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Tubing
Tubing is pretty basic and carries the liquid through the loop. The main division here is soft and hard tubes, which are pretty self-explanatory based on the names. Tubing is designated by its inner diameter (ID), outer diameter (OD), and wall thickness (OD minus ID). Most open-loop setups require anywhere between 5-10 feet of tubes.

Common tubing materials include Vinyl, Clearflex, and Tygon. Vinyl is the most economical option but makes kinks. We would recommend a good Clearflex to start and premium tubing if you want to upgrade. Otherwise, tubes are up to personal preference.

Fittings
Fittings attach the tubes to the other nodes of your cooling system so there is no leaking. Each tube needs two fittings, and the kind of fitting you need depends on the kind of tubes (soft or hard). The best kind of fittings to get are compression fittings, which have a barbed end to fit the tube then a compression ring around the exterior. The fitting size needs to be matched with the tubing ID and OD.

Coolant
Most liquid cooling setups use distilled water that has additives that prevent bacterial growth and corrosion. You can buy coolants separately or make your own. Coolants also come in a huge range of colours, so you will have lots of options to match your style (personally, we like blue and purple).

Instead of additives, you can also use what is called a kill coil. Kill coils are made out of metal (usually silver) and are placed in the loop. The metal kills bacteria and other growths. Keep in mind that if your loop uses multiple kinds of metal (copper and aluminium, for example), then you will need to add some anti-corrosive material as well.

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How to Install aWater Cooling Loop?

Here is a quick list of the tools you will need to install a loop.

- Screwdriver
- Allen wrench (aka hex wrench)
- Measuring tape
- Flashlight
- Towels or rags (for potential spills)
- Pliers
- Funnel (for feeding coolant)


Most of the tools are common enough that you probably already have them or can buy them for cheap at a local hardware store.

1. Plan the Loop

The first thing to do is plan how you want to loop set up in your tower. You need to know exactly where your water blocks are going to go, the loop order, and how the tubes will connect them with the coolant. You do not want to just eyeball the form as you go, so take some time to draw out a rough schematic of the system you want.

Loop order can be flexible but at the very least, make sure the reservoir and the pump are right next to each other. Water blocks normally connect directly to the part they are meant to cool. Loop order does not generally affect performance unless you are trying to squeeze every ounce of efficiency out of it.

Also, make sure all other non-cooling components are situated correctly, such as casings, wiring, cables, etc. Thoroughly clean all loop components like the tubes, reservoir, pump, water blocks, etc.

2. Install the Water Blocks

The next step is to install the water blocks on the components. Most water blocks work the same, but there might be small variations depending on the type you get. Line up the holes on the water block with the holes on the component, and put the screws in. You may have to remove/move some internal components to situate the water blocks.

Before attaching the water blocks, you also might want to apply some thermal paste on the components where they connect. Make sure that you do not put the screws in too tight, or that the water block does not put too much pressure on raised structures like transistors, or you can damage your hardware.

3. Install the Radiator and Reservoir

The next step is to put in the radiator and reservoir. Typically, the radiator should be put near the vent that your fans usually occupy. You can also attach them to the bottom of your case or set them up externally outside the case. Like the water block, don't put the screws in too tight.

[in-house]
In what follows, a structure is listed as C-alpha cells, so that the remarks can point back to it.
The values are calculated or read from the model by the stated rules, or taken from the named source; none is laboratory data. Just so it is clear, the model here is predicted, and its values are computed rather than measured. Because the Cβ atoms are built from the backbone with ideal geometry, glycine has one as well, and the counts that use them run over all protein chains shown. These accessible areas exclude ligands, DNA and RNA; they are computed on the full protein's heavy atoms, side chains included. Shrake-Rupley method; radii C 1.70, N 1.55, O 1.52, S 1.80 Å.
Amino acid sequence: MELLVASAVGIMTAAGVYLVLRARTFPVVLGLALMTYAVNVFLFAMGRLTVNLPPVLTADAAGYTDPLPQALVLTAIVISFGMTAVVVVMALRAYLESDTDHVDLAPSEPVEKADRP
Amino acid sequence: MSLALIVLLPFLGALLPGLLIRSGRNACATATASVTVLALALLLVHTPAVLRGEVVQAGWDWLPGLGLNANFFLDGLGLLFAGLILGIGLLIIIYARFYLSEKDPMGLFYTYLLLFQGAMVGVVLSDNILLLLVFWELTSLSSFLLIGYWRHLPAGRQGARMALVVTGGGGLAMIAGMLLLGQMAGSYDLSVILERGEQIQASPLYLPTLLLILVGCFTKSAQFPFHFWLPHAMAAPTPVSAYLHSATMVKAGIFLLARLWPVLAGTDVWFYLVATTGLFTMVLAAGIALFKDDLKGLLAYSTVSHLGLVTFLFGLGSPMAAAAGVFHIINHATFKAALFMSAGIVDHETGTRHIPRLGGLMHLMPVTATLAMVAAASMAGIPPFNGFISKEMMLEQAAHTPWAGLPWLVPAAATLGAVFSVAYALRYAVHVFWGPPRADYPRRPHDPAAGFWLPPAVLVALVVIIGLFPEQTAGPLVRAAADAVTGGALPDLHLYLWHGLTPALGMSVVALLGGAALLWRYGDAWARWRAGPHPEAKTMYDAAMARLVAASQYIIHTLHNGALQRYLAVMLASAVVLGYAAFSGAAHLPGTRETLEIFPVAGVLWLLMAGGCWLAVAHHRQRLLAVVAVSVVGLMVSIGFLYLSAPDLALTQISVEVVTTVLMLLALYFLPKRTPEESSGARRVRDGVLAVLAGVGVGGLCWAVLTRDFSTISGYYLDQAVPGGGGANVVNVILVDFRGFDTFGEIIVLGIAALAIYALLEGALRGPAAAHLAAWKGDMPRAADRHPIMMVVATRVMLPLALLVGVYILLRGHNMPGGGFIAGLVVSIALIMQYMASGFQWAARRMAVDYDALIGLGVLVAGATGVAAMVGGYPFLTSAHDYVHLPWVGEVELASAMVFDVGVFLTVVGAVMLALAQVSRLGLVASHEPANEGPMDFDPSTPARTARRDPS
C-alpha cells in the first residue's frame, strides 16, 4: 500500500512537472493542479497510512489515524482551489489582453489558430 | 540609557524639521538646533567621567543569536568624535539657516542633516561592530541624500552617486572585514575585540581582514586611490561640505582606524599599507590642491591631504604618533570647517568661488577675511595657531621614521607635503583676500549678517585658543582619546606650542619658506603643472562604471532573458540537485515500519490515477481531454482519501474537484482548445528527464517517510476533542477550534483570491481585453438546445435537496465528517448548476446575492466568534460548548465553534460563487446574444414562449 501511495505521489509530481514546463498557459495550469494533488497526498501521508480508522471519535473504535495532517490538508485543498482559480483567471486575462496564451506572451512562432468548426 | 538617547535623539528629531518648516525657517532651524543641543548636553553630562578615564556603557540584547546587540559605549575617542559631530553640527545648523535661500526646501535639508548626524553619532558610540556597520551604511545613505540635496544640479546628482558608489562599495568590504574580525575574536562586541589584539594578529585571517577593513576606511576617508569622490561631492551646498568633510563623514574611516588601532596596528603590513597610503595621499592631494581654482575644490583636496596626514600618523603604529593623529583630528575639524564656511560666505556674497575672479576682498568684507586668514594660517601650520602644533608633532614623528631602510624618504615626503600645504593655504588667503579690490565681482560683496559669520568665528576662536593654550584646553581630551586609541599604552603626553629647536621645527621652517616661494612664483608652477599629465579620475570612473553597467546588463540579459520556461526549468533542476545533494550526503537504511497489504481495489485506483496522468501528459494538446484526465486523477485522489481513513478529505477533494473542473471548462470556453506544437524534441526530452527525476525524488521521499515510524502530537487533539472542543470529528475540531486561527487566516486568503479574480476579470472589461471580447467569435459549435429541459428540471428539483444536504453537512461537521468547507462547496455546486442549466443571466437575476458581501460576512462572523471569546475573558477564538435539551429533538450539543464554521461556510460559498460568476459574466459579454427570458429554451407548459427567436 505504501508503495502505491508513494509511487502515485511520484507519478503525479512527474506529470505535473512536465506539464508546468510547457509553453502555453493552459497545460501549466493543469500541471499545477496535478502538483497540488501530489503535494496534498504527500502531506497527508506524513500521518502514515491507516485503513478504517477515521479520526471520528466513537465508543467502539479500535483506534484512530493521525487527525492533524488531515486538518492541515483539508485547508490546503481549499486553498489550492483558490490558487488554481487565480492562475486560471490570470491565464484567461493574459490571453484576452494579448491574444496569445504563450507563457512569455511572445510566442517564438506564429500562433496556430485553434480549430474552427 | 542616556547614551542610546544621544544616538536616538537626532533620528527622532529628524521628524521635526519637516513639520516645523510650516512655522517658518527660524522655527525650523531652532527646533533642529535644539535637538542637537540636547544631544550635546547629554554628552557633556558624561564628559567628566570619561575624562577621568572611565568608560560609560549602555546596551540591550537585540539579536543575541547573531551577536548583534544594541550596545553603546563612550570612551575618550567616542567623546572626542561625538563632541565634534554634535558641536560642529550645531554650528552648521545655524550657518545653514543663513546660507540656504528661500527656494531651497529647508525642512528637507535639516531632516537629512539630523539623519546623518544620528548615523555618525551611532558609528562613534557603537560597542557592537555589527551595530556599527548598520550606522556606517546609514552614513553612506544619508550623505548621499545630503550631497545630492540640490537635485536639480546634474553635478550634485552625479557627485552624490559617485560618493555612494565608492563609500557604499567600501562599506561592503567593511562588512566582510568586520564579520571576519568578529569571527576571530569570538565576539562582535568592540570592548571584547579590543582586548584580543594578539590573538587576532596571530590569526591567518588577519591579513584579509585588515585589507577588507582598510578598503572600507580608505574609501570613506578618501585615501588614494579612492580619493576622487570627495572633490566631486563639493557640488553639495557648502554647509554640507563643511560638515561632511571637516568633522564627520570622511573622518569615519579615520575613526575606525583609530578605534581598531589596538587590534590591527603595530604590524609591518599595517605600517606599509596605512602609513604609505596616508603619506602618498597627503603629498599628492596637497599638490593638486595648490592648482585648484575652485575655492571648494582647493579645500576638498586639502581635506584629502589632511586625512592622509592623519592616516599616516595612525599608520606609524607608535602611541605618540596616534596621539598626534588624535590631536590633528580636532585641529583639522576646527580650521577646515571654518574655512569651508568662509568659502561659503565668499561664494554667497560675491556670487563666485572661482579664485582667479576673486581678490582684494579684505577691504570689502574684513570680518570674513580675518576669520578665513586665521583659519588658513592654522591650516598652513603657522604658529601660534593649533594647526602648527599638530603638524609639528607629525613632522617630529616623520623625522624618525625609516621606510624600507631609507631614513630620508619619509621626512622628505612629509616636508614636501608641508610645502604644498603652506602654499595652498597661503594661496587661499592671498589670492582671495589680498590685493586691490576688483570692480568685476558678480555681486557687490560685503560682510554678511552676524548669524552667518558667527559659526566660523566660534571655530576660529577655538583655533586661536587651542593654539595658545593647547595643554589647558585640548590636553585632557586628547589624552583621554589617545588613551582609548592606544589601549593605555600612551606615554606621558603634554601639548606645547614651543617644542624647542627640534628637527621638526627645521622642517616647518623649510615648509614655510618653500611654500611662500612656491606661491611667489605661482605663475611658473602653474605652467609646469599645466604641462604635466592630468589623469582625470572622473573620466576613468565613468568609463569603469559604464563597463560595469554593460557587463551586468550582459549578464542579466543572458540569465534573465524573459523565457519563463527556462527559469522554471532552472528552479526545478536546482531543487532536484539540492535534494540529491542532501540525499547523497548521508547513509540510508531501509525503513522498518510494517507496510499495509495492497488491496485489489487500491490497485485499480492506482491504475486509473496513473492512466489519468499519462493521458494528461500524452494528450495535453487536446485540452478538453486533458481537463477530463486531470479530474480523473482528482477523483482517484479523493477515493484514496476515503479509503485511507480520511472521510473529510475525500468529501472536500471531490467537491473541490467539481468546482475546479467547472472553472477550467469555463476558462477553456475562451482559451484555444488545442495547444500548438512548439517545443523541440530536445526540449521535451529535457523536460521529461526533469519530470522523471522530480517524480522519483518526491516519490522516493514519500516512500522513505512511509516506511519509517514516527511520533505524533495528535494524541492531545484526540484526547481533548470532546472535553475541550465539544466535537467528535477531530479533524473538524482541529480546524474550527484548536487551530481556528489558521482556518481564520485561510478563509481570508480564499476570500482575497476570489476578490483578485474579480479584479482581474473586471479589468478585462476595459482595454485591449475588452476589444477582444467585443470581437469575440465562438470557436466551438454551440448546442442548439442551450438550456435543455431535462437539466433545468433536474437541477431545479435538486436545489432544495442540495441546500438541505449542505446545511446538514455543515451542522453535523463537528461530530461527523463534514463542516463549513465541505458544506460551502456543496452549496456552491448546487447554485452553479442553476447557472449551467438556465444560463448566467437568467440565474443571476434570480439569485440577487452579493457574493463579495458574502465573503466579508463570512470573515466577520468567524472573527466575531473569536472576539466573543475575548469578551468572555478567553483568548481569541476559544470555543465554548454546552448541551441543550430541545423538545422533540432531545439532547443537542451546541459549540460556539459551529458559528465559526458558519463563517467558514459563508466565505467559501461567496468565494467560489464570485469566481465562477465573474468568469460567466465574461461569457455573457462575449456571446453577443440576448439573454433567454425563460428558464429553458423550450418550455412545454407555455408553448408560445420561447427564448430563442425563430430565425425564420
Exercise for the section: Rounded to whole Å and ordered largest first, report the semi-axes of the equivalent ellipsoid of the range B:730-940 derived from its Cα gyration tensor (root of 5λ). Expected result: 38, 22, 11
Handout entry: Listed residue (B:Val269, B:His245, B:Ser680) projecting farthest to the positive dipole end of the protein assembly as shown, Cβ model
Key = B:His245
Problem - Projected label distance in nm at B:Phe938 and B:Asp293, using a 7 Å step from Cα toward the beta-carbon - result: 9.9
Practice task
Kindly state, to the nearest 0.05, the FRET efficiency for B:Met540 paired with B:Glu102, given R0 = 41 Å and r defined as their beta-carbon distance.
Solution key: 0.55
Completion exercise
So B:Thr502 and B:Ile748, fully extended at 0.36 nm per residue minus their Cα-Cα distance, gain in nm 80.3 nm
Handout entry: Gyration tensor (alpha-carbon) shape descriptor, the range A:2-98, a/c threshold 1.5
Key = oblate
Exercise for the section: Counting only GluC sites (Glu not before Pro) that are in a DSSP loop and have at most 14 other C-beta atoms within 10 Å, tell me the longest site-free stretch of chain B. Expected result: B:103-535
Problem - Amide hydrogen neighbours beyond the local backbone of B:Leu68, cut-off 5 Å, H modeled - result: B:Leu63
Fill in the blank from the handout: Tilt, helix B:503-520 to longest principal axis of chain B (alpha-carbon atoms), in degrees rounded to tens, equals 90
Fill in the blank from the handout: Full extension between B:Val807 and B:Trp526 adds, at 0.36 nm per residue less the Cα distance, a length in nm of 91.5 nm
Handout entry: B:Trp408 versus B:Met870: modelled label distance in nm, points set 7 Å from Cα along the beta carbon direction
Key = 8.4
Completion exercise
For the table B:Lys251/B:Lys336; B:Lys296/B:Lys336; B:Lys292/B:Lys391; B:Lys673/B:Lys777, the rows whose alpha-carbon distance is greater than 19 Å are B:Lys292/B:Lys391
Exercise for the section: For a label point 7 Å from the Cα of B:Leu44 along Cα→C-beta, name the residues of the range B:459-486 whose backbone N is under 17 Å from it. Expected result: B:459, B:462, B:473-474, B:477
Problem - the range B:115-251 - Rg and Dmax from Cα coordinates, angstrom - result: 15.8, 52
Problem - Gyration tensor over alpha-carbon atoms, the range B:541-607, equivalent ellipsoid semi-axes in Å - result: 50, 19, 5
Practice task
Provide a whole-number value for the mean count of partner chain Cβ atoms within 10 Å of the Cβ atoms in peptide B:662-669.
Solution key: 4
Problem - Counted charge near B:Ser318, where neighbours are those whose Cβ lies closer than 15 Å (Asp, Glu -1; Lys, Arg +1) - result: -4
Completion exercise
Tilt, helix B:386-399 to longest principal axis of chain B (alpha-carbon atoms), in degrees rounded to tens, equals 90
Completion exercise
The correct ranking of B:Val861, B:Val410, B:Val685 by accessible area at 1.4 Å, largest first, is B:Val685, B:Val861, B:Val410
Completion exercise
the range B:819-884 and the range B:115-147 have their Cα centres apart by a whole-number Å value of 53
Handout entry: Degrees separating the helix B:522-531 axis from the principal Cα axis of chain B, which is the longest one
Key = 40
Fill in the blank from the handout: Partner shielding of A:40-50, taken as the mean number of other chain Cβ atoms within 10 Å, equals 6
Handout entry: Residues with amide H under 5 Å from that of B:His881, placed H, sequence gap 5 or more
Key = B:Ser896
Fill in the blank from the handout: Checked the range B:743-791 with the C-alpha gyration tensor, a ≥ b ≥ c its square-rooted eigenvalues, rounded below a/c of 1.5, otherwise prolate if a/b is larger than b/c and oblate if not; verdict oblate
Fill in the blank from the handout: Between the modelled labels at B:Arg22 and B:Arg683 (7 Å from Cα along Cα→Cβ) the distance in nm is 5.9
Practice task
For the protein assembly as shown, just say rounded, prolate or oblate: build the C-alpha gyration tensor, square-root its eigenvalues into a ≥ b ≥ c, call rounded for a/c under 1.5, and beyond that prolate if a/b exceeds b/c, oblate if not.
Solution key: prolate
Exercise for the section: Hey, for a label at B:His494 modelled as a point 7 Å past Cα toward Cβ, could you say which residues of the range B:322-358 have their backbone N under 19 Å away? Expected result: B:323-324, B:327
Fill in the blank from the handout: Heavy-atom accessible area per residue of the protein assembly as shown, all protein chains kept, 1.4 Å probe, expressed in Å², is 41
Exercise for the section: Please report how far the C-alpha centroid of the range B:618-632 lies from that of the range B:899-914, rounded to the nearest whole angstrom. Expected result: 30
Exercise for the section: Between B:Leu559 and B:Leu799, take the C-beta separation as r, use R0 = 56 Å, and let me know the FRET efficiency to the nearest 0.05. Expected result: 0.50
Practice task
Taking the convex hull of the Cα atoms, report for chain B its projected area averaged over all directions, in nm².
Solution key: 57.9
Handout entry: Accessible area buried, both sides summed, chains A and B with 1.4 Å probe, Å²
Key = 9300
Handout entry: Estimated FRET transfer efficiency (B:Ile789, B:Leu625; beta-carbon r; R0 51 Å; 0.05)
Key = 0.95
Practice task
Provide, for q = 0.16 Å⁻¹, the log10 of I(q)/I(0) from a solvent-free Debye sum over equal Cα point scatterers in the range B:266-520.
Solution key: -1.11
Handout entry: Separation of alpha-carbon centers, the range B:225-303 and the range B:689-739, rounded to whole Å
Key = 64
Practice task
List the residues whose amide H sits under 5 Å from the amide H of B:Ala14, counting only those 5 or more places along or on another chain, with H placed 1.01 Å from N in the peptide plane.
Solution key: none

The best place for the reservoir is in the case where extra HDDs are supposed to go. You can mount the reservoir however you want. If the holes in your case are not spaced correctly to attach the reservoir, you can make extra holds very carefully by using a drill.

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4.Install the Pump

The next thing to do is place the pump. Like we said earlier, the pump location doesn't really matter, as long as it's next to any radiators in the loop. Pump installation varies from model to model, but most of the time, they can be screwed on or attached with a Velcro strap. The pump will also have to connect to the motherboard for its power supply.

5.Install Tubing and Fittings

Now it's time to place all the tubes and fittings. Cut the tubings so they fit between the components and attach them to the water blocks inlet ports with the fittings. If you cut the tubing, make sure it's a straight cut, or else it will not seal properly. Most components have a designated "inlet" and "outlet" port so line the tubing up appropriately based on the loop order. Make sure that there are no sharp turns or kinks in the tubing.

6.Fill and Test Loop

Do a final check to make sure all components are snug and secure, and disconnect all power supply cables from your computer. The trick here is to test the cooling system without having the PC actually on. You can do this through a lot of ways, such as using a separate power supply for the pump or a tool called a "bridge connector" that many liquid cooling kits come with.

Next, open the reservoir and start to add your coolant liquid of choice. A funnel is handy for this but not necessary. Carefully pour the coolant into the reservoir, making sure it remains above the pump. Turn the pump on once it has some water in it, and check how the water flows through your system, taking notice of any leaks. Let the loop run for about 12 hours, then check on it later to see if there are any problems with leaks or fittings.

From there, it's not just a matter of turning your PC on and testing the coolant system. There are programs to help monitor the temperature of your components. If a part is overheating, it could mean a problem with your loop connections or setup.

Maintaining a liquid-cooled PC is also easy. You just need to replace the water every so often as it gets dirty. Also, you should try to drain and clean the components of your loop once every 6 months or so.

A water-cooled PC build is a great alternative to an air-cooled PC and can help you get more performance out of your rig. So do your research, follow our guide, and you will have a high-end liquid-cooled PC for hardcore gaming.